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Structural and functional diversities in lepidopteran serine proteases


Primary protein-digestion in Lepidopteran larvae relies on serine proteases like trypsin and chymotrypsin. Efforts toward the classification and characterization of digestive proteases have unraveled a considerable diversity in the specificity and mechanistic classes of gut proteases. Though the evolutionary significance of mutations that lead to structural diversity in serine proteases has been well characterized, detailing the resultant functional diversity has continually posed a challenge to researchers. Functional diversity can be correlated to the adaptation of insects to various host-plants as well as to exposure of insects to naturally occurring antagonistic biomolecules such as plant-derived protease inhibitors (PIs) and lectins. Current research is focused on deciphering the changes in protease specificities and activities arising from altered amino acids at the active site, specificity-determining pockets and other regions, which influence activity. Some insight has been gained through in silico modeling and simulation experiments, aided by the limited availability of characterized proteases. We examine the structurally and functionally diverse Lepidopteran serine proteases, and assess their influence on larval digestive processes and on overall insect physiology.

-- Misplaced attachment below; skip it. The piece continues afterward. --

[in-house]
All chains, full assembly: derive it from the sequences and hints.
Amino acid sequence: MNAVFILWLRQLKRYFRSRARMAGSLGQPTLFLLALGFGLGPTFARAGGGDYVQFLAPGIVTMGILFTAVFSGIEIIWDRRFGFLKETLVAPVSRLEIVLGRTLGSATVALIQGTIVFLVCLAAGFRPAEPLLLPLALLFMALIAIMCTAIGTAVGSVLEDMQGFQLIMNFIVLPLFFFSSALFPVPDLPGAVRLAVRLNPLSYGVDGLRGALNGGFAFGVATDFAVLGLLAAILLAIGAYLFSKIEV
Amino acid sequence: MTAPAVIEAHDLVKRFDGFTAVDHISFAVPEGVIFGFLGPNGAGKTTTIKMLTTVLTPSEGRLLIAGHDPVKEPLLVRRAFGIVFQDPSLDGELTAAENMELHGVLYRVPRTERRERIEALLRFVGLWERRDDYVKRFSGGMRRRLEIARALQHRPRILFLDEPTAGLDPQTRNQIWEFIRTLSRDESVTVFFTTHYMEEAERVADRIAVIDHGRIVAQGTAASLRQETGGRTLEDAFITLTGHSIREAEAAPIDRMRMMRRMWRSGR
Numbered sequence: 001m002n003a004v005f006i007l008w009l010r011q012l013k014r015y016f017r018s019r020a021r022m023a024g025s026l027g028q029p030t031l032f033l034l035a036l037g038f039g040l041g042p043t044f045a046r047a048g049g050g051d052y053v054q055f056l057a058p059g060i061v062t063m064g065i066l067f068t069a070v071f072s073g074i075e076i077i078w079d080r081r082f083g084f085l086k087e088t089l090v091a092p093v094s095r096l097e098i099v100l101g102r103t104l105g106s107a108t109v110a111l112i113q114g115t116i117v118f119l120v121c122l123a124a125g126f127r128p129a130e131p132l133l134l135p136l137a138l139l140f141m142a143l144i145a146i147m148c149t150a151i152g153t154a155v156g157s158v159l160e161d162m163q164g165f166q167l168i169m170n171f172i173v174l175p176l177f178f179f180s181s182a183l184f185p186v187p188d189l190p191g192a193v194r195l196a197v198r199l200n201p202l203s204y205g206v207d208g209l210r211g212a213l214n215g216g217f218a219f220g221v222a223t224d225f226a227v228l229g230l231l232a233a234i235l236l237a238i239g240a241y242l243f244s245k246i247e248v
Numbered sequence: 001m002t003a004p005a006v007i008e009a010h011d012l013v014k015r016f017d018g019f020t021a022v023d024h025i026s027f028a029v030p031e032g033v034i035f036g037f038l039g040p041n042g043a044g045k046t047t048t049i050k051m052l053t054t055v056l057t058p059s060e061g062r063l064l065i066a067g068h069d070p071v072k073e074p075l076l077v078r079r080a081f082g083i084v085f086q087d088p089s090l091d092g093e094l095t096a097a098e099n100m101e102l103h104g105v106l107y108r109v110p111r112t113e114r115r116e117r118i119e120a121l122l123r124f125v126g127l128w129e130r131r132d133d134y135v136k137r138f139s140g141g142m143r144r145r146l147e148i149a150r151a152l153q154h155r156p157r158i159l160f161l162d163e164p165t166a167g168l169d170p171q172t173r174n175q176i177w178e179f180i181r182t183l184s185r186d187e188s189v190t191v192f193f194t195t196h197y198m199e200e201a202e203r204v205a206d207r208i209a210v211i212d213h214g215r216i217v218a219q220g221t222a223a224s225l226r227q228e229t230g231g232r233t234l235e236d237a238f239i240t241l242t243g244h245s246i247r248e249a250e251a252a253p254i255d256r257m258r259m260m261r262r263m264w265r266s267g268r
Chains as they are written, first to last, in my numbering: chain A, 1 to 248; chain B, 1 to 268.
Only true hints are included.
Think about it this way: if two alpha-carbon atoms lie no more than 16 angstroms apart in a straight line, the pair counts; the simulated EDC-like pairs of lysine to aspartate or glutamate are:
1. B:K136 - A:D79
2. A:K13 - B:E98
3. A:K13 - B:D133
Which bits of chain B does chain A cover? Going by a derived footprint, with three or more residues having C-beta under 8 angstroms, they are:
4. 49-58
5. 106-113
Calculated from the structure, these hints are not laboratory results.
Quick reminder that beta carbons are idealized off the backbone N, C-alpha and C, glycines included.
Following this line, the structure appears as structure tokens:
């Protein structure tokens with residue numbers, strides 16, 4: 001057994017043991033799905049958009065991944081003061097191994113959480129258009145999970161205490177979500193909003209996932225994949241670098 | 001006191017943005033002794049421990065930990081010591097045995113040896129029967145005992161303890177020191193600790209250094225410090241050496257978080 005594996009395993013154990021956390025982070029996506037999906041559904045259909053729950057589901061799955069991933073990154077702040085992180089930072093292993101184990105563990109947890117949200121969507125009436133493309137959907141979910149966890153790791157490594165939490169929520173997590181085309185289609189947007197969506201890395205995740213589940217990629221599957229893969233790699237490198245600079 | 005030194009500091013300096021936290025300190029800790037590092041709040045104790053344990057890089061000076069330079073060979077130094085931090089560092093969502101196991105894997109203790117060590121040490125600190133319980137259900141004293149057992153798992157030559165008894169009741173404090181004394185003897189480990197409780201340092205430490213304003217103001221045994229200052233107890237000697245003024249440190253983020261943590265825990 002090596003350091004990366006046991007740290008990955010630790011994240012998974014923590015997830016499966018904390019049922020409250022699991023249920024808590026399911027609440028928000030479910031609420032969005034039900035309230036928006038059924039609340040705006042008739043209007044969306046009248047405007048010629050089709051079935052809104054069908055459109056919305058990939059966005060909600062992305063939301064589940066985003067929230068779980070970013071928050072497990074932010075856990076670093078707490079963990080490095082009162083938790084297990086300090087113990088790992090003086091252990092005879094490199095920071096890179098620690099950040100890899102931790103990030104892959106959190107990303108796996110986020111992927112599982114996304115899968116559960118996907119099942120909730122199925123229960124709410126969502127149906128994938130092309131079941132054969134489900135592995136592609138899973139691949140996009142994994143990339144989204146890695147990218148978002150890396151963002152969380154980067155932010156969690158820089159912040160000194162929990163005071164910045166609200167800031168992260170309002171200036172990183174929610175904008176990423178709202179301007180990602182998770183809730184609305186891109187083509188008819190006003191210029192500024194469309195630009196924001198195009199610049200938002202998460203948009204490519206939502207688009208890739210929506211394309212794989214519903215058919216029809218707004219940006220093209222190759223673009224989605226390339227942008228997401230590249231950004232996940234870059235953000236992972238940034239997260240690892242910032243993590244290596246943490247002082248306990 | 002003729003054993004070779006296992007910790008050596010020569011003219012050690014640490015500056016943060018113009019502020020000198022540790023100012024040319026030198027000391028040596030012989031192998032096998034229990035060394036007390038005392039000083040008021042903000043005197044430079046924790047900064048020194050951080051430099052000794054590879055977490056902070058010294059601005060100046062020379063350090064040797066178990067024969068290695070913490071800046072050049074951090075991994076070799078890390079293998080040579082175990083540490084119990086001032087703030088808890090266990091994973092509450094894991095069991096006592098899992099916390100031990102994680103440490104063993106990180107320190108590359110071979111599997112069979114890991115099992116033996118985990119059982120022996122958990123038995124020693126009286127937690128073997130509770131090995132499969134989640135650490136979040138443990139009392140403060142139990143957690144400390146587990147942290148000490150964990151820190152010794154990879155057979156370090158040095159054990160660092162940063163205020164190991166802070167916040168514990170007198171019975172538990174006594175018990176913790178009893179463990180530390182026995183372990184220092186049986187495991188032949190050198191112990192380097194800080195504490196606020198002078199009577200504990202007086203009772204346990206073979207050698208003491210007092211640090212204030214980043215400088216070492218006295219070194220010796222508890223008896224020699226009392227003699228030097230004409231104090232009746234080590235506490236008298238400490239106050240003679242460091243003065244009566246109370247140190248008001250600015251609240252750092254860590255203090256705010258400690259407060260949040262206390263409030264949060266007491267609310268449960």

amylase inhibitor


Bacillus thuringiensis


Helicoverpa armigera gut proteases


protease inhibitor


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Srinivasan, A., Giri, A.P. & Gupta, V.S. Structural and functional diversities in lepidopteran serine proteases. Cell. Mol. Biol. Lett. 11, 132 (2006).

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Key words

  • Functional diversity
  • Lepidoptera
  • Serine protease
  • Structural diversity